One financial adviser’s version of the ABCs of money management.
As debut author Newtz explains in his introduction, the purpose of his book is to present guidelines for basic money market strategies and good financial decision-making. The first chapter explains why financial institutions are focused on making money for themselves, not their customers. Next, the author discusses some basic money management details, such as setting goals and preventing identity theft. He looks at the necessity of building good investments, which he calls a “castle and moat” to protect wealth from the forces of “erosion”—inflation, taxes, interest rate declines, and other factors. He then goes over some of the cardinal rules of investing (such as “Carry a considerable dividend and cash position—you want to have money available when investment opportunities arise”) and lists the types of financial vehicles that make up a full money management plan. Newtz goes on to what to look for in a financial adviser, takes a brief look at tax avoidance strategies, reviews some of the most common mistakes investors make, and covers common retirement-related issues. Finally, he lays out the importance of enjoying money rather than just hoarding it. Although Newtz provides some useful information, he tends to skimp on the important details. For example, he lists several viable asset-allocation strategies, but fails to explain how to decide which one is the best option for a given situation. He also neglects to mention whether his own strategies have proven lucrative for himself and his clients. On the other hand, the details he does include may be quite useful to beginning investors, such as his advice about diversifying across asset classes instead of buying a lot of mutual funds that may hold the exact same stocks. His argument for using life insurance as a money management tool is also both plausible and intriguing.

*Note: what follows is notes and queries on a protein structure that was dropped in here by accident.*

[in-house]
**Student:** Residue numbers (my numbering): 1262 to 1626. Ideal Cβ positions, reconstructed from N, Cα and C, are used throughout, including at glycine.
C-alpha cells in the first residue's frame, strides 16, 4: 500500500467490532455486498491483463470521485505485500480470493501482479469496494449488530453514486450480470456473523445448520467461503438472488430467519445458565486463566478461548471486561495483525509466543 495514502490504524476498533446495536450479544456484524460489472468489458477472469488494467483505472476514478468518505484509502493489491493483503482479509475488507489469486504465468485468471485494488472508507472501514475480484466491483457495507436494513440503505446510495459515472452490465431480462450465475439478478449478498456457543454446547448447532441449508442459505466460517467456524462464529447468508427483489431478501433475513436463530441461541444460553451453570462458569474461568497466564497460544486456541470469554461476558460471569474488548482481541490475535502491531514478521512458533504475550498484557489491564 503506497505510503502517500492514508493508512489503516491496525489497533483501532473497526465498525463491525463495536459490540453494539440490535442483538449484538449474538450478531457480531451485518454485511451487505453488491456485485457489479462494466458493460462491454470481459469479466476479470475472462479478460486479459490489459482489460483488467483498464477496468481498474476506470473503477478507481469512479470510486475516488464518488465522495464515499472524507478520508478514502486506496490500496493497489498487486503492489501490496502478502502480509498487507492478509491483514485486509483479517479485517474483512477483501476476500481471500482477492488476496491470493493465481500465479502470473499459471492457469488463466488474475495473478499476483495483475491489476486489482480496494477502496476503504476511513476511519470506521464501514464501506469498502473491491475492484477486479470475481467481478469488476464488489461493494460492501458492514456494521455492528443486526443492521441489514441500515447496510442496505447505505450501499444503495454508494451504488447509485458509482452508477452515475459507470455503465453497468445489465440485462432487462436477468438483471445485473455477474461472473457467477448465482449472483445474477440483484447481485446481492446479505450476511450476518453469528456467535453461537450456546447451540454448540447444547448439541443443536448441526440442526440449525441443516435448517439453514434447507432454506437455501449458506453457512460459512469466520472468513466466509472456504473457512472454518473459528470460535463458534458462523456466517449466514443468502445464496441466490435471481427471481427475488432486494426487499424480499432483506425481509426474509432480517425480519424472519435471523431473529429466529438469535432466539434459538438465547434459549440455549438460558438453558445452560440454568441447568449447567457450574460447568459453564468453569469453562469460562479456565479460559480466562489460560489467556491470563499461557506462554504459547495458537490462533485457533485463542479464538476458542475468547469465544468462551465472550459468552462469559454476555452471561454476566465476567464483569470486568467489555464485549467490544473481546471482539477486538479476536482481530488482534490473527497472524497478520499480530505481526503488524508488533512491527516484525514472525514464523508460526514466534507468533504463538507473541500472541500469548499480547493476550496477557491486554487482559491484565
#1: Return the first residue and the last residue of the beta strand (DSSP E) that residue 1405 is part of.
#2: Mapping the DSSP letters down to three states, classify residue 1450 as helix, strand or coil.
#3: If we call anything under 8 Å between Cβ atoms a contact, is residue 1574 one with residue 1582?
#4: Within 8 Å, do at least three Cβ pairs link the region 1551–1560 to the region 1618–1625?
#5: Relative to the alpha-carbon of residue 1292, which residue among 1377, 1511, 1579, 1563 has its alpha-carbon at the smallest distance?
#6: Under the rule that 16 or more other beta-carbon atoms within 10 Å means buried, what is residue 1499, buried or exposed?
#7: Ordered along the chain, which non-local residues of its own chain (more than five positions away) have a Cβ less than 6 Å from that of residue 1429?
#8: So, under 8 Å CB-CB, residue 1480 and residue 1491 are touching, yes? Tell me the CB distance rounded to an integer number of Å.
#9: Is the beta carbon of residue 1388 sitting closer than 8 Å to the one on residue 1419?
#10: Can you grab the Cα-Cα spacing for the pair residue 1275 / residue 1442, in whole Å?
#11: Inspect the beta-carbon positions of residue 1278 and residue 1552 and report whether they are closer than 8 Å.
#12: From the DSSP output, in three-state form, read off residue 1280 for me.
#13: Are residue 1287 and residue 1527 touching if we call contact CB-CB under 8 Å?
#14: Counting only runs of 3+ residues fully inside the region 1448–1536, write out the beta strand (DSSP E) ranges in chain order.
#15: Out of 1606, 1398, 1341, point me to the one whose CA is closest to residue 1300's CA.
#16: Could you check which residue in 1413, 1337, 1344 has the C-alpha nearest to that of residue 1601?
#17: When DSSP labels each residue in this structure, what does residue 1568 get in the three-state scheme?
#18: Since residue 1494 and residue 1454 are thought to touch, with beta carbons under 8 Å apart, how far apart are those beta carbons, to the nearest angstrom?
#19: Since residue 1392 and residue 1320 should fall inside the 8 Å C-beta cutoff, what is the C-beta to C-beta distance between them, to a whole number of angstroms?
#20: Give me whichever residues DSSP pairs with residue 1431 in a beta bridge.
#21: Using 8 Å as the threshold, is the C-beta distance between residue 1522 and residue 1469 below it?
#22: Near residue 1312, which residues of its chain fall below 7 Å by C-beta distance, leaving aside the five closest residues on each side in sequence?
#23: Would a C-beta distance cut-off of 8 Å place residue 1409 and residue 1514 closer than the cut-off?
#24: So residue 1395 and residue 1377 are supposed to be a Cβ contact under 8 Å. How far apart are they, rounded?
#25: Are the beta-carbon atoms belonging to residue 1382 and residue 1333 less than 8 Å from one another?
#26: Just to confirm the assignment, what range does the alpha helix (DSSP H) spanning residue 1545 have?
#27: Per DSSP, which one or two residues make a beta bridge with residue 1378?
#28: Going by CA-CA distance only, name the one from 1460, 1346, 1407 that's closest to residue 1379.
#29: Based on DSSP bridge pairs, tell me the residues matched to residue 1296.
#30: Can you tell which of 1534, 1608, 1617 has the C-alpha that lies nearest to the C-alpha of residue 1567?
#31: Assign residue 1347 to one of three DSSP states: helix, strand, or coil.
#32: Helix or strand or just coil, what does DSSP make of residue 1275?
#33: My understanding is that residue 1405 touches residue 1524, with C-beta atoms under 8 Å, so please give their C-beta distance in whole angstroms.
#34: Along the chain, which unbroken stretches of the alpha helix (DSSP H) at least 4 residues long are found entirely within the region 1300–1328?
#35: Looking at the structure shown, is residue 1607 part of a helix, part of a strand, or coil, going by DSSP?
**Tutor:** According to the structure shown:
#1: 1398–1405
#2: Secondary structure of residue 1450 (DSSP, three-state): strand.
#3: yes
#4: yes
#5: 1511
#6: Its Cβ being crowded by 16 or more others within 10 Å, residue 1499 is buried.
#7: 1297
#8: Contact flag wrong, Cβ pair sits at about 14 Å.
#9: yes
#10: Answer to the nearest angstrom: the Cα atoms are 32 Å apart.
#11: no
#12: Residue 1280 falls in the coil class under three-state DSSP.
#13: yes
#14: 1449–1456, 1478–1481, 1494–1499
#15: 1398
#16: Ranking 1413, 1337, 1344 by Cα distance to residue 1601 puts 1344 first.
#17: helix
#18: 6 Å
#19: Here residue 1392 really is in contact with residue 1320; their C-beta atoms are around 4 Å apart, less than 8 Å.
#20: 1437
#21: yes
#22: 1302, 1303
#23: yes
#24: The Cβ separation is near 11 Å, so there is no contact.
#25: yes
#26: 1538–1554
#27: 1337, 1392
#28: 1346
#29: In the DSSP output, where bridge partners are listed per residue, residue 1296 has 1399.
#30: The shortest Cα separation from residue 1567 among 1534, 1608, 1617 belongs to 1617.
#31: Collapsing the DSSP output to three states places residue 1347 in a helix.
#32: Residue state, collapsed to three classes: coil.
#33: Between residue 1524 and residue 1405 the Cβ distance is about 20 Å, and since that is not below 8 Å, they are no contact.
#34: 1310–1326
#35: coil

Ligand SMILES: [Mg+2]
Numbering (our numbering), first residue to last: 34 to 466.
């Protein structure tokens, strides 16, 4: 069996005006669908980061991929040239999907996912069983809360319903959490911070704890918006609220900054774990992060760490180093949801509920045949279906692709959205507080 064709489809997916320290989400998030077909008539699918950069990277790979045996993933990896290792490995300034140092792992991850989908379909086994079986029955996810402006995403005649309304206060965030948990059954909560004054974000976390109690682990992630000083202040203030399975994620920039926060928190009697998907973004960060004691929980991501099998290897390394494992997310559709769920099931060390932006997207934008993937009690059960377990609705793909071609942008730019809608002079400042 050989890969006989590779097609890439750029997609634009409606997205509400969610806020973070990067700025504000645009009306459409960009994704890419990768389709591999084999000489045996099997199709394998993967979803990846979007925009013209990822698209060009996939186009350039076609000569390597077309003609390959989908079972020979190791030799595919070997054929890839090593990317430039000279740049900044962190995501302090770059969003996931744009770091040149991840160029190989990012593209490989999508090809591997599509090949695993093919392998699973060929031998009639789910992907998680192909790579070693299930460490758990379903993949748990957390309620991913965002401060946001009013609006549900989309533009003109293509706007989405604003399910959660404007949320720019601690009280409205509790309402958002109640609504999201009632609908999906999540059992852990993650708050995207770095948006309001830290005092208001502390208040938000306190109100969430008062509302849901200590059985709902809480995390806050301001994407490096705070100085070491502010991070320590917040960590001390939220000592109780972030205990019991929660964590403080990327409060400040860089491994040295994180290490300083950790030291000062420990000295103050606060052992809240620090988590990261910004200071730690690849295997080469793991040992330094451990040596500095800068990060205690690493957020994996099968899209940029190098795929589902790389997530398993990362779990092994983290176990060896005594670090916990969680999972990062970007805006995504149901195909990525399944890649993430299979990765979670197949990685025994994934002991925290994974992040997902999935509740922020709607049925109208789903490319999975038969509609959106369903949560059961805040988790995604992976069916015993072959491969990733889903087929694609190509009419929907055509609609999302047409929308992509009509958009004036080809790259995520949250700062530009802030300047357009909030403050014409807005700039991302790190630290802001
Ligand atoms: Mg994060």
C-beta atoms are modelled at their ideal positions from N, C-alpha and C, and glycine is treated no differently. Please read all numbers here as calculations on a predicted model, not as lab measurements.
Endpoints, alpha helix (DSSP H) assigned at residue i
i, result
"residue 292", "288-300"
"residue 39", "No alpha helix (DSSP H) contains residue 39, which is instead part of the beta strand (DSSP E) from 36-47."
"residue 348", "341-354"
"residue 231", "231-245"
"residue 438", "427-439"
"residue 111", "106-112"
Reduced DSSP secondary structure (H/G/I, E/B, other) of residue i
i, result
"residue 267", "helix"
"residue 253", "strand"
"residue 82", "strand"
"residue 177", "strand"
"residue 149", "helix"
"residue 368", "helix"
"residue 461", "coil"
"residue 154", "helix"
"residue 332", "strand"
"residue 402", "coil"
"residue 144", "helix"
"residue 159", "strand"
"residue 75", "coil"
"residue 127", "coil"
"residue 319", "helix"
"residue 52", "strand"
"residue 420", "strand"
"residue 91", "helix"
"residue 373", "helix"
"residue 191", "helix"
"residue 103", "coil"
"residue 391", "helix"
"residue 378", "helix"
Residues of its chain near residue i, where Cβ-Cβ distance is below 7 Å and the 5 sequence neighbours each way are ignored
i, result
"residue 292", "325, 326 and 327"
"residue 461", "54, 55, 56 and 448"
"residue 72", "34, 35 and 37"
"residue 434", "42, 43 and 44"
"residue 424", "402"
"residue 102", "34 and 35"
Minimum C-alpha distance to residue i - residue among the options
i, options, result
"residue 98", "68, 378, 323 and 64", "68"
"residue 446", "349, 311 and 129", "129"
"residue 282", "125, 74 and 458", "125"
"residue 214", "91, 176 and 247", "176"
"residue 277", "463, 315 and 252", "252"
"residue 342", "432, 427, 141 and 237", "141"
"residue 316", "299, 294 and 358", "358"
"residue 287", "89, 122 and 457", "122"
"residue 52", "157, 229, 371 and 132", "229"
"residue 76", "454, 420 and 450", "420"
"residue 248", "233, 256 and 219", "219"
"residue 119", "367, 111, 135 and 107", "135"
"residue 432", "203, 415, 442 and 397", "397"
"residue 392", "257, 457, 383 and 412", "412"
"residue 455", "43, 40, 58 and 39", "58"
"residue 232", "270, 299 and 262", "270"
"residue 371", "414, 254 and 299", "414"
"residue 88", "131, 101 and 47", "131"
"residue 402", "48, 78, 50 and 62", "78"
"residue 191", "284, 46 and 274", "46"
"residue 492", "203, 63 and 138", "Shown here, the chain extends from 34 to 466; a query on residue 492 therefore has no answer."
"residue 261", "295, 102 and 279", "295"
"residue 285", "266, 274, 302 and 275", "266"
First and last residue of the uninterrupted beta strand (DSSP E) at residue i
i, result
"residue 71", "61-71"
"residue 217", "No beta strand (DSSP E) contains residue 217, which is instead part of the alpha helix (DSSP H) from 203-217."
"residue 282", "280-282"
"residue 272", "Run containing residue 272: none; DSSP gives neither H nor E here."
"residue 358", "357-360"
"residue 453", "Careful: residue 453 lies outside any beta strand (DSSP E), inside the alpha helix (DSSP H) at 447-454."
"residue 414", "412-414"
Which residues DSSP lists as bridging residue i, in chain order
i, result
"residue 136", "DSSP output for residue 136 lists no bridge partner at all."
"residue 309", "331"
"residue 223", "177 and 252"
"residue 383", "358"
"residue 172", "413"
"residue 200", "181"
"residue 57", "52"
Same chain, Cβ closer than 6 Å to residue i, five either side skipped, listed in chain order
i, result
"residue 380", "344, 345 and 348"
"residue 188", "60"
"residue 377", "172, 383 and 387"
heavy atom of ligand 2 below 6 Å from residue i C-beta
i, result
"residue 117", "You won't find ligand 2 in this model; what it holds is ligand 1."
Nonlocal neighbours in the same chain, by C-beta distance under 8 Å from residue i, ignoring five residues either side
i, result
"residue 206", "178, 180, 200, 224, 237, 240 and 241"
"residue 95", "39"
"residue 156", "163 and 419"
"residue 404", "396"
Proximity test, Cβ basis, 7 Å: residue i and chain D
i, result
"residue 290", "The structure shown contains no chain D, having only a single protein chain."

Just enough information to confuse inexperienced investors, although they will likely find a few useful tidbits within.